NATO Braces for Trump Visit, But Fears May Be Overplayed

GETTYDonald Trump has accused some Nato countries of not spending their two per cent of GDP on defence

GETTYDonald Trump has accused some Nato countries of not spending their two per cent of GDP on defence

With the established global order on shaky footing, President Donald Trump's weeklong trip to Europe will test already strained bonds with some of the United States' closest allies, then put him face to face with the leader of the country whose electoral interference was meant to help put him in office. "Imagine Trump doing Brexit". German Chancellor Angela Merkel has said her government will increase spending to 1.5% of GDP by 2024.

Mr Trump has been a strong supporter of Brexit and Britain offering a quick free trade deal.

This approach to diplomacy with Russian Federation has foreign policy experts anxious, particularly after Russian Federation still stands accused of meddling with the 2016 USA presidential election and being suspected of carrying out a deadly nerve-agent attack in the UK.

James Comey, the former Federal Bureau of Investigation director, said of Donald Trump that he bore more resemblance to a mob boss than a democratic politician.

Trump also took aim at what he indicated were trade inequities with the EU on Monday in an indication he will attempt to link the USA commitment to European security with trade. Trump left that gathering without signing the perfunctory joint statement among the leaders that his aides had endorsed, and he proceeded to trash its host, Trudeau, as "weak" and "dishonest".

Since moving into the White House nearly 18 months ago, the US president has been as abrasive with some of America's most trusted allies as he has been warm toward traditional adversaries like North Korea and Russian Federation. "Different views are normal among friends and allies, but I am confident that we will agree on the fundamentals".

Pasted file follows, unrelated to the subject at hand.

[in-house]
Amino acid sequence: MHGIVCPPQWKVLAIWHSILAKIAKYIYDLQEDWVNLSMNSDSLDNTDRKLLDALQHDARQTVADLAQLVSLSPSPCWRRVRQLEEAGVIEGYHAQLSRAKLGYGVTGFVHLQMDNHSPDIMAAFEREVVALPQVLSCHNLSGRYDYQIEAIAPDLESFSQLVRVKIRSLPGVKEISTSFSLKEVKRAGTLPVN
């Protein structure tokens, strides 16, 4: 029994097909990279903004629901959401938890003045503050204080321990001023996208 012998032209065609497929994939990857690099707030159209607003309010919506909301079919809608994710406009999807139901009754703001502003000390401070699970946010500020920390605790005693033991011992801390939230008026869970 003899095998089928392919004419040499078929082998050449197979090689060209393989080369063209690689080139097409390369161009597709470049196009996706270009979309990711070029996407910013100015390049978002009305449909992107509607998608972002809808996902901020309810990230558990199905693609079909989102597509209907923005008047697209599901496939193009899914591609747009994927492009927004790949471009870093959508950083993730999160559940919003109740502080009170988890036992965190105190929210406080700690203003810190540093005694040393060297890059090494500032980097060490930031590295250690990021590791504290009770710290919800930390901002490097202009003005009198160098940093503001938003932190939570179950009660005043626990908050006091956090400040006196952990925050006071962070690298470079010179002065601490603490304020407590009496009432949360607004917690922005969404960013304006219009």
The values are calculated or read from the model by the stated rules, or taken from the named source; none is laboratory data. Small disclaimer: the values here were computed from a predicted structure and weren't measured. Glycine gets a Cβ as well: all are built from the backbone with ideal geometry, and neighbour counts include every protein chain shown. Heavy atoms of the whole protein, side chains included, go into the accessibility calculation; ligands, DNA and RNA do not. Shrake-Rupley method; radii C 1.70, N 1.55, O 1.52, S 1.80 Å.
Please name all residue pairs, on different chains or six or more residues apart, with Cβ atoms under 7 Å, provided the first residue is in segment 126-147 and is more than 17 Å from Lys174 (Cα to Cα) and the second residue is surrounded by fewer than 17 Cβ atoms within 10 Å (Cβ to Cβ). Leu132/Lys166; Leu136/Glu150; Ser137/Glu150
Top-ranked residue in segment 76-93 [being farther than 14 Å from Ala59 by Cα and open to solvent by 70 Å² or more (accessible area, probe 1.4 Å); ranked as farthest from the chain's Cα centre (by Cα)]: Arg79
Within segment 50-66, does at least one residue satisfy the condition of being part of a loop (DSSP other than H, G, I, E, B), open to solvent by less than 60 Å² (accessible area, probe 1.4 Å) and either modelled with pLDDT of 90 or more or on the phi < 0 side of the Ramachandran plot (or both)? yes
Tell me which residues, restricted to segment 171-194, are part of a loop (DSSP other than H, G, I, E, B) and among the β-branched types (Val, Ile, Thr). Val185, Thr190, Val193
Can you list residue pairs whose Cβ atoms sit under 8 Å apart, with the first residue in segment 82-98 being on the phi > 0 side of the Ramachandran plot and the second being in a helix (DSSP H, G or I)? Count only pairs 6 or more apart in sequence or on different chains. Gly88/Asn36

During a rally last week in Montana, Trump vowed that he would "tell NATO: 'You've got to start paying your bills."' The president also bemoaned that Americans were "the schmucks that are paying for the whole thing". "After all, you don't have that many".

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The Times says Trump has recently been asking associates about Hardiman , and has also been talking about Barrett and Kavanaugh. Some Republicans, certain to support Kavanaugh, had hoped Trump would choose someone seen as a stronger social conservative.

"We do have a lot of allies".

President Trump said his meeting with Putin may be the least contentious of the three.

"He's mainly anxious about our allies taking advantage of us".

European Union and U.S. government data put the USA trade deficit with the European Union at around $100 billion, including services such as finance, where the United States has a surplus.

Trump has slapped tariffs on billions of dollars worth of steel and aluminum imports from China, the European Union, Canada and others, prompting retaliation against United States products.

"Since Canada is nowhere near to fulfilling NATO's 2 per cent norm of GDP on defence spending and won't do so in the foreseeable future, it is politically wise to emphasise Canada's role in leading the North Atlantic Treaty Organisation deployment in the Baltics", Professor Andres Kasekamp, chair of Estonian Studies at the University of Toronto and a security policy expert on the Baltic countries, told The Associated Press. We'll see how that goes'.

Booth reported from London.

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